Watch Now

Today’s Pickup: Michael rowing its boat ashore, a Europe investigation sees a “sweatshop”

Photo: Shutterstock

Good day,

Hurricane Michael is heading toward the Gulf Coast with an almost certain impact on the trucking and transport sector. While there has been more than 300,000 b/d of oil output shut in already from platform shut-ins as a caution, the track looks like it will miss the production areas of the Gulf. It also is probably trending too far east to have much impact on refineries, with the Chevron Pascagoula refinery in Mississippi most at risk. Where the biggest danger could happen to the trucking business would be a significant loss of power, leaving gas stations without the ability to pump fuel. It also could knock out the Colonial Pipeline, the main artery that takes gasoline and diesel from the Gulf Coast through the southeast and up through the mid-Atlantic to the New York area. The storm will need to blow through before the full extent of that disruption can be measured.

Did you know?

The ambiguous outcome of the UPS contract vote revealed a shocking number: less than half of the eligible voters actually cast a vote for a contract that would determine their pay levels and other benefits for the next five years.


“Don’t spend one dollar in precious capital until you’ve explored every operating alternative.” 

–Attributed to Hunter Harrison in a new biography of the legendary railroad executive and father of precision railroading.

In other news:

European investigative piece paints an ugly picture

The title of the story about trucking: Sweatshop on Wheels (Investigate Europe)

Maersk invests in a load board/brokerage disruptive startup

The investment arm of the shipping company puts in more than $20 million (WSJ)

Clarity developing in the market for IMO2020 fuels

Asian-based shipping company sees recent announcements as revealing (Platts)

UK truck sector concerned by recent report

The “Road to Zero” has raised fears among industry executives (The Truck Expert)

Roadrunner in danger of losing NYSE listing

Its stock price and market cap have fallen below benchmarks but it is attempting re-capitalization (Roadrunner press release)

Final Thoughts

Tomorrow is the final day in which people can comment on proposed changes to the Hours of Service rule. The request for comments came from the Federal Motor Carrier Safety Administration, and the responses run well into the thousands. In this era of Facebook-Twitter “comments” that appear to have gotten about a half-second’s worth of thought before getting published, it’s clear that the commenters on the possible HOS changes have given what they wrote a lot of thought. It’s hard to imagine FMCSA, after reading all of these comments, won’t do something. Just what isn’t clear. The more radical proposals that FMCSA is seeking comments on are from an OOIDA proposal that could effectively push the 14-hour day to a 17-hour day. Will it go that far? We don’t know, but can FMCSA possibly take in all these comments and just choose to stand pat?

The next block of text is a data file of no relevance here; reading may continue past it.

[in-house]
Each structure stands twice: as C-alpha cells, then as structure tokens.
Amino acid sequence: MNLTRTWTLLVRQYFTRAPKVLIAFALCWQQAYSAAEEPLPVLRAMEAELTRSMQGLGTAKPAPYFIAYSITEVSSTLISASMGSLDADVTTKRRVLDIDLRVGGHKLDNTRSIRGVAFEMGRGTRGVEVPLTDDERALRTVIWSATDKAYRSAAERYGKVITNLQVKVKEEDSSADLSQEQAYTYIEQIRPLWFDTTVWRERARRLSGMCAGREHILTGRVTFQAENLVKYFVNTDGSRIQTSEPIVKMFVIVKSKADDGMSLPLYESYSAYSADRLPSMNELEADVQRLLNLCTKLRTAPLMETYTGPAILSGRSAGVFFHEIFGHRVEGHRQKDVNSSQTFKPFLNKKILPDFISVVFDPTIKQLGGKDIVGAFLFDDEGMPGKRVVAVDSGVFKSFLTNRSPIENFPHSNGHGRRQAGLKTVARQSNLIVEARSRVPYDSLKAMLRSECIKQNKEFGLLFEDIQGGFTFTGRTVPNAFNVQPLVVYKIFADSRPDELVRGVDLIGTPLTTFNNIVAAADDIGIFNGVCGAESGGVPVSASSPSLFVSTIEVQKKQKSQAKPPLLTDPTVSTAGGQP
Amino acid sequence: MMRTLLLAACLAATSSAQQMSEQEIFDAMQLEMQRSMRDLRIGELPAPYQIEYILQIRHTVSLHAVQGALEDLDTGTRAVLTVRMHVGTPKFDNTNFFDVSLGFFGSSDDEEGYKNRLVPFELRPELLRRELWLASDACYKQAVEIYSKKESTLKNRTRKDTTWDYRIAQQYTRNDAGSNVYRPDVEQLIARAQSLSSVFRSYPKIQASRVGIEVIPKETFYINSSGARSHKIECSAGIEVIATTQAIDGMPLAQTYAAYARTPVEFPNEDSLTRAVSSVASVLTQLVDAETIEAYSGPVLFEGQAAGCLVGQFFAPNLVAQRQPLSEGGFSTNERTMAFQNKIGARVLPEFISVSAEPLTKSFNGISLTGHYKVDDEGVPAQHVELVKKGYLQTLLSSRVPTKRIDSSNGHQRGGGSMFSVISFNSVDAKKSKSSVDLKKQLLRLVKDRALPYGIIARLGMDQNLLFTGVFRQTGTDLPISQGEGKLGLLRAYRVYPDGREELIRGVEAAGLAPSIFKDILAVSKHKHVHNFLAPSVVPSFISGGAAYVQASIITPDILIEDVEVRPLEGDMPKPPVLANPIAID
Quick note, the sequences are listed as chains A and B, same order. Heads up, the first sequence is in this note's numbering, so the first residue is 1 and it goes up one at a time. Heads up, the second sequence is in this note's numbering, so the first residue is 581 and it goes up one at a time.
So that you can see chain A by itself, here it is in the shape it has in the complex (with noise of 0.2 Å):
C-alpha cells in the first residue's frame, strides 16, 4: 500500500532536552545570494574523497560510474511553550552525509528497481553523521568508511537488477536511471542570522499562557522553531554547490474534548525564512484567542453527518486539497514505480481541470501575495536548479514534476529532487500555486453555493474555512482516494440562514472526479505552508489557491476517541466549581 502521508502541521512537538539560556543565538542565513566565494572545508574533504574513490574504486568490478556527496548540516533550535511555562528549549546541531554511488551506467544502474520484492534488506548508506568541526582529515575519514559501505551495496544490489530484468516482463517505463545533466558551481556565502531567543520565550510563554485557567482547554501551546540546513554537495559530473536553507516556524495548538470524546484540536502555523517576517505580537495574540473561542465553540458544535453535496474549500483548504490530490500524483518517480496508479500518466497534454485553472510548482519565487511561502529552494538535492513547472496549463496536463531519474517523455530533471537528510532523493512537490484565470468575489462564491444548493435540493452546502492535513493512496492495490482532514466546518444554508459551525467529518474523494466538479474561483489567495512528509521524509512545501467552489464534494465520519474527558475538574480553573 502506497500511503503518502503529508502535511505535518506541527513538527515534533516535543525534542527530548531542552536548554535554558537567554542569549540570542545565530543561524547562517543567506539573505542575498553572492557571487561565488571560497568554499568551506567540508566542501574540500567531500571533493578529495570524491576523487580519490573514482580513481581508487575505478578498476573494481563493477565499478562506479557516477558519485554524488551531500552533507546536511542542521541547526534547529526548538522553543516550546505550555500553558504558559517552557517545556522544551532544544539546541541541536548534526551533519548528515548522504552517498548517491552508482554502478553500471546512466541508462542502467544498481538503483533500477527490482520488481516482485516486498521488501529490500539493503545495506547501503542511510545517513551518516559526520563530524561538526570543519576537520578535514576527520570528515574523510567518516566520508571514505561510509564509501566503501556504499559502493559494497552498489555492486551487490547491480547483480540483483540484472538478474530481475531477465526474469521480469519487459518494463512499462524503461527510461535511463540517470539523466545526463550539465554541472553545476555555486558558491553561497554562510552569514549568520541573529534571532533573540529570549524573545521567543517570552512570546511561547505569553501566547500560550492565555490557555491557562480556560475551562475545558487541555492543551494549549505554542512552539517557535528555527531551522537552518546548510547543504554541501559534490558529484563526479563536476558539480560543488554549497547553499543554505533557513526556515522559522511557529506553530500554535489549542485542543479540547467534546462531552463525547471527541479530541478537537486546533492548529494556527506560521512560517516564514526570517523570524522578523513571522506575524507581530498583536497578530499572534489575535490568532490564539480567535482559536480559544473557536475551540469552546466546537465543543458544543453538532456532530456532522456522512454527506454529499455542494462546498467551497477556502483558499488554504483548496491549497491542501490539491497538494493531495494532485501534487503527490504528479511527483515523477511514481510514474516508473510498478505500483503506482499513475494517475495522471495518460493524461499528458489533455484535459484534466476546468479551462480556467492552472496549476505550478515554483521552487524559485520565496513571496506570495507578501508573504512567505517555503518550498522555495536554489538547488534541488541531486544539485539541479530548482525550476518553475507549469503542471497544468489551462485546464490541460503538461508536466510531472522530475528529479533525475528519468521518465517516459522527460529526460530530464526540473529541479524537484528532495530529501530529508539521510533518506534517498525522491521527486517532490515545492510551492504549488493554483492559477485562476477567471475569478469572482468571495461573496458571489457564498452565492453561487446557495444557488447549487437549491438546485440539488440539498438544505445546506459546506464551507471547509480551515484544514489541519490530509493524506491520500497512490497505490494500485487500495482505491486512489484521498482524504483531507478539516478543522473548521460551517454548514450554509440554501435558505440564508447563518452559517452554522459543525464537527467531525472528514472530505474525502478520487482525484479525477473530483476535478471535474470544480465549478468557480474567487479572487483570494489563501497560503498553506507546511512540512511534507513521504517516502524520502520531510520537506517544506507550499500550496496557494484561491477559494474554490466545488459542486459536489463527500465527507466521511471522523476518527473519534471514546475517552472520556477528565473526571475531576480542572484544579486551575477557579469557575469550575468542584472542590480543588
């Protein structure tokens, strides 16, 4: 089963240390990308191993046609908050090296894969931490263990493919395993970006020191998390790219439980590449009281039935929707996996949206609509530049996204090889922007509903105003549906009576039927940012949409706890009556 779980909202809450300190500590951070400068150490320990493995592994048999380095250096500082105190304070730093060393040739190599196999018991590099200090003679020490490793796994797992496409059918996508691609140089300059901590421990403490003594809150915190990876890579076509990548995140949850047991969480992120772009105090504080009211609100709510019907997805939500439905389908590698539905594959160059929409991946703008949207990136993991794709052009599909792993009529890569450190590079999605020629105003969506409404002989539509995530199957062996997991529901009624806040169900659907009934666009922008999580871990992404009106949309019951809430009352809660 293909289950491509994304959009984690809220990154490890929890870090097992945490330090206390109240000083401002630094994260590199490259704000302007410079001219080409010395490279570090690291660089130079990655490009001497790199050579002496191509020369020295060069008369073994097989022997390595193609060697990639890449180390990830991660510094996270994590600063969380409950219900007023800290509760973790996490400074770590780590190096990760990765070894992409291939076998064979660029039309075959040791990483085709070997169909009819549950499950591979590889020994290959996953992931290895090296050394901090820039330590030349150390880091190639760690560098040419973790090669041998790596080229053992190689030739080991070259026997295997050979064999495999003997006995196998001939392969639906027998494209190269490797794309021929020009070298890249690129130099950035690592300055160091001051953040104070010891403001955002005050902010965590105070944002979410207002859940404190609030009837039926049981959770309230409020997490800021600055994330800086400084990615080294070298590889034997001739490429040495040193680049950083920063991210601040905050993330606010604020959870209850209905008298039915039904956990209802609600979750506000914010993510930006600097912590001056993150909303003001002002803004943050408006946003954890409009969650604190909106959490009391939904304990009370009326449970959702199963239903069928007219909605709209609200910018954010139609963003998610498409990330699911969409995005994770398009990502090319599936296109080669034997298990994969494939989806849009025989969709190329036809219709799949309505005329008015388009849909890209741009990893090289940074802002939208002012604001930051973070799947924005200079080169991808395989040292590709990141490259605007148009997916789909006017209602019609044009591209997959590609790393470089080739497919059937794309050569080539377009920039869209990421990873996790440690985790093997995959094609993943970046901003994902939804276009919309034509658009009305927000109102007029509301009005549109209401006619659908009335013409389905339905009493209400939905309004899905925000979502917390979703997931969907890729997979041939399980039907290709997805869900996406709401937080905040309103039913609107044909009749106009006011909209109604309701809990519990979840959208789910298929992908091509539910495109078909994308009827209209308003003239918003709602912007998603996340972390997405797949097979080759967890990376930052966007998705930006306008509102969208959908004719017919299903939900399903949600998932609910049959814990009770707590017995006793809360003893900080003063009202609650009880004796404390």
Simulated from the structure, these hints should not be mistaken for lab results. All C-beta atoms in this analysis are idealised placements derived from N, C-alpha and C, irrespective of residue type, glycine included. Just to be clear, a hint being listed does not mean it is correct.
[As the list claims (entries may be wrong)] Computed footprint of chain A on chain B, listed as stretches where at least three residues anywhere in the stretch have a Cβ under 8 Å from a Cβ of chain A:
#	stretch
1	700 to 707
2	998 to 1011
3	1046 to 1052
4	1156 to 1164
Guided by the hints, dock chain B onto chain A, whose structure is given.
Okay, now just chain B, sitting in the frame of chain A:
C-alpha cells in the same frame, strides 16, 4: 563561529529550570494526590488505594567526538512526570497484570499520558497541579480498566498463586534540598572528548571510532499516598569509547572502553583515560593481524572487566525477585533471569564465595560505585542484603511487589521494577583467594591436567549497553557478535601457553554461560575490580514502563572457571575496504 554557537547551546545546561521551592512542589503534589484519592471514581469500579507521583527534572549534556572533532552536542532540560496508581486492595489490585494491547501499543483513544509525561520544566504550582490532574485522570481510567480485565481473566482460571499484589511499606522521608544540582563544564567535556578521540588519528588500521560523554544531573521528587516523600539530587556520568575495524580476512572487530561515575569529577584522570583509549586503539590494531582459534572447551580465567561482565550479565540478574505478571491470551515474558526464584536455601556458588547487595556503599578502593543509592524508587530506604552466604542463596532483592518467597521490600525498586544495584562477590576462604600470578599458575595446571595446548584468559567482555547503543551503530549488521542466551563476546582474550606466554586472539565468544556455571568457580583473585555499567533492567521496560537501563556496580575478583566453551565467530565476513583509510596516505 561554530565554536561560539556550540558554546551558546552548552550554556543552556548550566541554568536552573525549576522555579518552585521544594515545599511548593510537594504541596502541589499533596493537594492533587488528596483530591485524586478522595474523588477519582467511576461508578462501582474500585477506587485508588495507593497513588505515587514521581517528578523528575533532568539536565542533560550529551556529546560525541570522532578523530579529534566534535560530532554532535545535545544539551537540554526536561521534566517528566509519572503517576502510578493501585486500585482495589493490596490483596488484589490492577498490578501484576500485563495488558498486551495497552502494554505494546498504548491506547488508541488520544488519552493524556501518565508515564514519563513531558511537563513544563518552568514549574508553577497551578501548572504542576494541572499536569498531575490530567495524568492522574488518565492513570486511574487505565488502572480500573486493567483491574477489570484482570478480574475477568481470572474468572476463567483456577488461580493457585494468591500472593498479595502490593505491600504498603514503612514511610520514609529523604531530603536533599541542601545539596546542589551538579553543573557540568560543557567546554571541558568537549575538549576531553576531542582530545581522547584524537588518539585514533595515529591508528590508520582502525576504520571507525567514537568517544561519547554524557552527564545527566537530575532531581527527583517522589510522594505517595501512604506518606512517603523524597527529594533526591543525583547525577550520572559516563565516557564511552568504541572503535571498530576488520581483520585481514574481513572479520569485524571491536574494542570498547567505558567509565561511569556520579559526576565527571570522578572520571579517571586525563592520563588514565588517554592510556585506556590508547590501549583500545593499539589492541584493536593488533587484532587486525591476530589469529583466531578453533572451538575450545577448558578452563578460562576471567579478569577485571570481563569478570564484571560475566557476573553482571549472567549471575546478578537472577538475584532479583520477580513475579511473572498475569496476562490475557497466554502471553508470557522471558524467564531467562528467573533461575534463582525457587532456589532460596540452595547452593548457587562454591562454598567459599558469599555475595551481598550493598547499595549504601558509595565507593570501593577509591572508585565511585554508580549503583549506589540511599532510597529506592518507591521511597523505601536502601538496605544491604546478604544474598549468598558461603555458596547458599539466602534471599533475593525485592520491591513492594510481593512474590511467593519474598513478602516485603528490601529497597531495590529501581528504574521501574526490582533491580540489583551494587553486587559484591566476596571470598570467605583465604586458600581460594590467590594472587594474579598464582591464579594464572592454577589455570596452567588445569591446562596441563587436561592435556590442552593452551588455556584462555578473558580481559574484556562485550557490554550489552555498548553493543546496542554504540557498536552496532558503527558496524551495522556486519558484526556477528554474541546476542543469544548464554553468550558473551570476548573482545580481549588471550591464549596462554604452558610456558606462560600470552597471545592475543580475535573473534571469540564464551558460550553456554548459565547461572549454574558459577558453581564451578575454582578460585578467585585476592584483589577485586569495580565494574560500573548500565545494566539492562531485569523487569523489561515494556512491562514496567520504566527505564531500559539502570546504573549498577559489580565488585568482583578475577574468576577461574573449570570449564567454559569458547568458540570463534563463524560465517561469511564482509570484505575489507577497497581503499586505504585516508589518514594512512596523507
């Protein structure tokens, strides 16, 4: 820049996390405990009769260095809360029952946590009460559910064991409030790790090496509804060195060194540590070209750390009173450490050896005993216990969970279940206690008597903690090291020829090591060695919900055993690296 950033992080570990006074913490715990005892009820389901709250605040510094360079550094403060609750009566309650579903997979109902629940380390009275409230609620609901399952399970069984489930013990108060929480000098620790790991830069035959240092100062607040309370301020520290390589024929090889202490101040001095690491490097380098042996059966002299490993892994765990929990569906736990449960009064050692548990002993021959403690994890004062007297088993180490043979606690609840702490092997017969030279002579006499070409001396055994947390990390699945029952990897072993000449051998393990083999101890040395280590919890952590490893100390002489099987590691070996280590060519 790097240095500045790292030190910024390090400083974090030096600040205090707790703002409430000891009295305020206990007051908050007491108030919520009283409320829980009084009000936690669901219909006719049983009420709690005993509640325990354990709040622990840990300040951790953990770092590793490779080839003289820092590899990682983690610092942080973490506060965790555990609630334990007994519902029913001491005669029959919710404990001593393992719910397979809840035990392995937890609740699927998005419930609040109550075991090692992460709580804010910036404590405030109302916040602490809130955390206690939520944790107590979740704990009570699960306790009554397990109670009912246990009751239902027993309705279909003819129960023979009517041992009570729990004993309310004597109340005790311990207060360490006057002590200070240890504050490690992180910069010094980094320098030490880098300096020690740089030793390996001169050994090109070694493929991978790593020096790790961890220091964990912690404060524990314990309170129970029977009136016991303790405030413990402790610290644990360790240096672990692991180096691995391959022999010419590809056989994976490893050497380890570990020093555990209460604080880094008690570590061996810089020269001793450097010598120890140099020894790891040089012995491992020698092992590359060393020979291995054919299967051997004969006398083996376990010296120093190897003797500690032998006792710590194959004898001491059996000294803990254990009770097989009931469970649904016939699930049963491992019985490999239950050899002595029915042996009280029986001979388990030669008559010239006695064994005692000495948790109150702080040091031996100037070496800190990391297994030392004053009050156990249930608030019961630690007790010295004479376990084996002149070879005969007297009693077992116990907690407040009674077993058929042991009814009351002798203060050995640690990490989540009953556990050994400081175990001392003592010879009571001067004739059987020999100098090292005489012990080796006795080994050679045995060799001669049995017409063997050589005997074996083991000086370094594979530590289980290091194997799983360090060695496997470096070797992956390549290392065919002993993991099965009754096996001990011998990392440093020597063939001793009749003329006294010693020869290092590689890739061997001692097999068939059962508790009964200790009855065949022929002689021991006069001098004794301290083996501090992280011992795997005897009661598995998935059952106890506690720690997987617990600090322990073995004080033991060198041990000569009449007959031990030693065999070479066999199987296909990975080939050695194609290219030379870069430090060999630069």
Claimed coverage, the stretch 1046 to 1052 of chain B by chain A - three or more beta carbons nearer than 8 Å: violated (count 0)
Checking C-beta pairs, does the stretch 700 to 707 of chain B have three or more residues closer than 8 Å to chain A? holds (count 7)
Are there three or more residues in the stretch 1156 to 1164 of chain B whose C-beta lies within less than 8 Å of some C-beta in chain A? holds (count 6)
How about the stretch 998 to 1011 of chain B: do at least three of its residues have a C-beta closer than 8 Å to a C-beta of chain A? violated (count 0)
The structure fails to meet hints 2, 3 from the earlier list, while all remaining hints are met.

Hammer down everyone!


F3: Future of Freight Festival


The second annual F3: Future of Freight Festival will be held in Chattanooga, “The Scenic City,” this November. F3 combines innovation and entertainment — featuring live demos, industry experts discussing freight market trends for 2024, afternoon networking events, and Grammy Award-winning musicians performing in the evenings amidst the cool Appalachian fall weather.

John Kingston

John has an almost 40-year career covering commodities, most of the time at S&P Global Platts. He created the Dated Brent benchmark, now the world’s most important crude oil marker. He was Director of Oil, Director of News, the editor in chief of Platts Oilgram News and the “talking head” for Platts on numerous media outlets, including CNBC, Fox Business and Canada’s BNN. He covered metals before joining Platts and then spent a year running Platts’ metals business as well. He was awarded the International Association of Energy Economics Award for Excellence in Written Journalism in 2015. In 2010, he won two Corporate Achievement Awards from McGraw-Hill, an extremely rare accomplishment, one for steering coverage of the BP Deepwater Horizon disaster and the other for the launch of a public affairs television show, Platts Energy Week.